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STScI Webcast

2018 Cold Science Colloquia

Quantifying the Evolution of Galaxy Distributions

Presented by: Jennifer Lotz (STScI/JHU)
Category: Science Colloquia   Duration: 30 minutes   Broadcast date: January 17, 2018
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Jennifer Lotz (STScI) – Quantifying the Evolution of Galaxy Distributions Abstract: We present a powerful new empirical methodology for tracking the evolution of galaxy distributions over cosmic time. With the PanSTARRS Optical Galaxy Survey (POGS) and CANDELS galaxy samples, we compute the size vs. stellar mass distributions at 0 < z < 3 including measurement and photz error estimates. We adapt the “Exterme Gaussian Mixture Modelling” technique for noisy data distributions (Bovy et al. 2009) to reconstruct the intrinsic size-mass galaxy distributions at each redshift with a combination of ~ 50 Gaussian mixture models. We determine which galaxies at a given epoch are evolving most strongly by computing the delta Likelihood that each galaxy is drawn from the empirically-derived size-mass GMM for the earlier/later epoch. After correcting for completeness and volume, we find that delta Likelihood (~ delta number density per unit time) generally increases from z~3 to z~0, consistent with the appearance of new galaxies over cosmic time. The stellar mass of most rapidly appearing population shifts from 5x10^10 Msun at z~2.5 to ~10^10 Msun at z~0.5. At z>1, the change in likelihood for both red and blue galaxies is strongly correlated with size, with large, massive galaxy populations appearing very rapidly between 1.5 < z < 3. Only small star-forming galaxies at z> 2, small quiescent galaxies at z ~1.5, and massive quiescent galaxies at z~0.5 have decreasing likelihoods (disappearing with time). We explore the implications for galaxy assembly, mergers and quenching in the evolution of the size-mass distribution.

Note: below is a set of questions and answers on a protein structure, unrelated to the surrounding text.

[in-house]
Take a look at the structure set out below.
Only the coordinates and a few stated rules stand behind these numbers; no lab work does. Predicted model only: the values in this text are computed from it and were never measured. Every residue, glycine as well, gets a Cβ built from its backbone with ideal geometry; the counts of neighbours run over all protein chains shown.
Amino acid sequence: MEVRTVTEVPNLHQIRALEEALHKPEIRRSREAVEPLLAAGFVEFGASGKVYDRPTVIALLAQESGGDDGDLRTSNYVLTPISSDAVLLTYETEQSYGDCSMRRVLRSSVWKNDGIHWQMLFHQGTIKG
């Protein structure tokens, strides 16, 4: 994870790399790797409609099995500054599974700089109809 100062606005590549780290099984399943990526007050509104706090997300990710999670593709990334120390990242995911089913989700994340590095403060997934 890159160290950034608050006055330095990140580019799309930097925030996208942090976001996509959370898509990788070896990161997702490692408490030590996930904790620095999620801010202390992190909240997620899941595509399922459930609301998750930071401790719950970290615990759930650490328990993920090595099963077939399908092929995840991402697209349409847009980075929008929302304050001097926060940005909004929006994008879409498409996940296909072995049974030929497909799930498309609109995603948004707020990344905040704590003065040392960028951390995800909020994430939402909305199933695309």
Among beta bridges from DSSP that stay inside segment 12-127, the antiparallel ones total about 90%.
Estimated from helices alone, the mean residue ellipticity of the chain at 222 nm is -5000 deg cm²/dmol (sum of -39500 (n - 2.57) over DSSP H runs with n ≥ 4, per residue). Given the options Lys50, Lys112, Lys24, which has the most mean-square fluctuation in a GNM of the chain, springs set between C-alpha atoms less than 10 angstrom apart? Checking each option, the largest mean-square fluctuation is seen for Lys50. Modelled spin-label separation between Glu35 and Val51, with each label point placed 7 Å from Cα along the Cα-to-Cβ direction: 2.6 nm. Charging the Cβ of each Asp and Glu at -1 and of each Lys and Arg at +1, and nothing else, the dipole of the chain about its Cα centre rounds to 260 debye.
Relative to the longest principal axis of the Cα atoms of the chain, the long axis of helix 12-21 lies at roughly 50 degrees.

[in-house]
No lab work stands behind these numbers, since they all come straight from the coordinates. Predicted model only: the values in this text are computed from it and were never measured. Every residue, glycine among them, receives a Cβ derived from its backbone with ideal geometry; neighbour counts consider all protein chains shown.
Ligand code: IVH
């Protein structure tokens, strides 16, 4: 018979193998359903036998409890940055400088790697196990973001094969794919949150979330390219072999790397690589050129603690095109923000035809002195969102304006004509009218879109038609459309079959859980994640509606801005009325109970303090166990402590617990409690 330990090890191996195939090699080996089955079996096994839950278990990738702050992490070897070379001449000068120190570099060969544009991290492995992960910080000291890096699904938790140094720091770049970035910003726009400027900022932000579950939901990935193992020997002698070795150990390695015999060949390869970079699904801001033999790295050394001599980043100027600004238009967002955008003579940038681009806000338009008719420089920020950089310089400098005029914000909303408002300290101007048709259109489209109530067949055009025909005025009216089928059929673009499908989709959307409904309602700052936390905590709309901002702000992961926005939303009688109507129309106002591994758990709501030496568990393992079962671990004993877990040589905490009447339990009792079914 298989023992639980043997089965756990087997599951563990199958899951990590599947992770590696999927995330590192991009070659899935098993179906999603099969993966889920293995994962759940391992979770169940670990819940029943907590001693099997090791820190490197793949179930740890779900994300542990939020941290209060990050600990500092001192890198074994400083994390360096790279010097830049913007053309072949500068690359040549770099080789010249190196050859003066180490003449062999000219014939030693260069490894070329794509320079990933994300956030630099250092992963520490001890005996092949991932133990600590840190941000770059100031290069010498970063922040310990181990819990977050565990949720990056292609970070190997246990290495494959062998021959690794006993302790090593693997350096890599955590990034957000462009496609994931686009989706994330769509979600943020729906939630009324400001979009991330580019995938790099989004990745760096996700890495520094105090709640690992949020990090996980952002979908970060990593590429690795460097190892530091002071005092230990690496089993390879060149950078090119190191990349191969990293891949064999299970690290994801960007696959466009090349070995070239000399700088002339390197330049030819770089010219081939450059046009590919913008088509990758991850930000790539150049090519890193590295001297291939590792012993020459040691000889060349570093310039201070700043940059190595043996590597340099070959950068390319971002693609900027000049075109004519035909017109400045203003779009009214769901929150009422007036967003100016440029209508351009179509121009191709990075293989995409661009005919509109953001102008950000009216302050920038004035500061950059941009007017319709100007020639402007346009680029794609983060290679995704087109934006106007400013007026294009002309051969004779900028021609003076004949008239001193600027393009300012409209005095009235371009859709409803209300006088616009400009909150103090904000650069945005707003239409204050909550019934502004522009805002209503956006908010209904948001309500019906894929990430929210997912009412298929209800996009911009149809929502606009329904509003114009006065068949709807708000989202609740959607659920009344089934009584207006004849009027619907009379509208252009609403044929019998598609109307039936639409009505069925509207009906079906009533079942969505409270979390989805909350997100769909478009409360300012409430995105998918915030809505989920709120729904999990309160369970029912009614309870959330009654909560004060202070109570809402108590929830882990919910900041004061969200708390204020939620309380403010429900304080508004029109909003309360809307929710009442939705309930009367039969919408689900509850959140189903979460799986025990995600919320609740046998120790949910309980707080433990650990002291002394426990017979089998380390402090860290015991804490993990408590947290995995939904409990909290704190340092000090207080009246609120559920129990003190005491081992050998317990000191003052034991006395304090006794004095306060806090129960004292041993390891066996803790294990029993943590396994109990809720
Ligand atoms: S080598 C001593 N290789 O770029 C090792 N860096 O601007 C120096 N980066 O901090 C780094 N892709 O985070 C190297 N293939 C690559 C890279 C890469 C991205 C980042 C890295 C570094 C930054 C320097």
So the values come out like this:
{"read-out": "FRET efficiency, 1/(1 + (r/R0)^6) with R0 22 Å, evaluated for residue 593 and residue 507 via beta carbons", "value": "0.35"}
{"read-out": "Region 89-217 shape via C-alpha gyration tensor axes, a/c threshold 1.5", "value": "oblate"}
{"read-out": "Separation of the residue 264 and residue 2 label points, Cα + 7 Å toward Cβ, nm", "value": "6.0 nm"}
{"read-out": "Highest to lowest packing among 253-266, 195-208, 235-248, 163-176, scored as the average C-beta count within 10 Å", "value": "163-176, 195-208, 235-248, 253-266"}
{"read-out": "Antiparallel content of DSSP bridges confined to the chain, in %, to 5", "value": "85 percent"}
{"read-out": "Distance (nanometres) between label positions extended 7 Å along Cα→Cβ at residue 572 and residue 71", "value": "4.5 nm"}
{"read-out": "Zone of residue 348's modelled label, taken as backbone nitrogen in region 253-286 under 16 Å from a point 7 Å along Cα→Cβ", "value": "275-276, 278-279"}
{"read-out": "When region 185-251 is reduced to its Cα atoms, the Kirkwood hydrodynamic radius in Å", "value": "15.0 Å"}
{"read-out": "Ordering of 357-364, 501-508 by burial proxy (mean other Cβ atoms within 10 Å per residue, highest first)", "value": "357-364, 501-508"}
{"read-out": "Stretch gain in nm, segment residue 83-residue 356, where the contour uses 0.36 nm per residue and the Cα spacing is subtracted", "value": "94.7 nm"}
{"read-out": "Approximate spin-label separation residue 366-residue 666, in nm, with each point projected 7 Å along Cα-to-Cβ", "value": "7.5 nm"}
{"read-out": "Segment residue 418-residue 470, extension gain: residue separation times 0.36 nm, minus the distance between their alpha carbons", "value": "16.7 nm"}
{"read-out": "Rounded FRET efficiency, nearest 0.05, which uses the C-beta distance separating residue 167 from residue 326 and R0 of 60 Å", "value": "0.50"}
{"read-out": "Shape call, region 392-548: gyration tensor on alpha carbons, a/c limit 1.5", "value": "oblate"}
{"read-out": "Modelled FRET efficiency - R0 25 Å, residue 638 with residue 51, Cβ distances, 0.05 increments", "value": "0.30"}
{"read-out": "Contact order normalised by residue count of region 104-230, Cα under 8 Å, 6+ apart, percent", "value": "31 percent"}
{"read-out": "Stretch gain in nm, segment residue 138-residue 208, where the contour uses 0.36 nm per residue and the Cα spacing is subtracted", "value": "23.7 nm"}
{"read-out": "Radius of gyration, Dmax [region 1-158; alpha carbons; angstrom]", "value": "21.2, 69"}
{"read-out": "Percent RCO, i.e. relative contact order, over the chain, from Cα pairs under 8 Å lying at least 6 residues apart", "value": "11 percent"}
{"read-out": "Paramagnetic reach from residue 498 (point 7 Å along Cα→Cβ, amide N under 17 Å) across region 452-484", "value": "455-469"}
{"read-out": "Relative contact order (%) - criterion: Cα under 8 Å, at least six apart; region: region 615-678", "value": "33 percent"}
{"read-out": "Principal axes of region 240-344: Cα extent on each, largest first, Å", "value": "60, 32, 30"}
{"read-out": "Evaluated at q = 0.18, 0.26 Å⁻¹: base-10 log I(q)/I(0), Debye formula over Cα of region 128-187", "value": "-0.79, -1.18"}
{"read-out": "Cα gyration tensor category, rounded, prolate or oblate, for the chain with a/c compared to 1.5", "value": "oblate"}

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Jennifer Lotz's presentation PDF document (.pdf)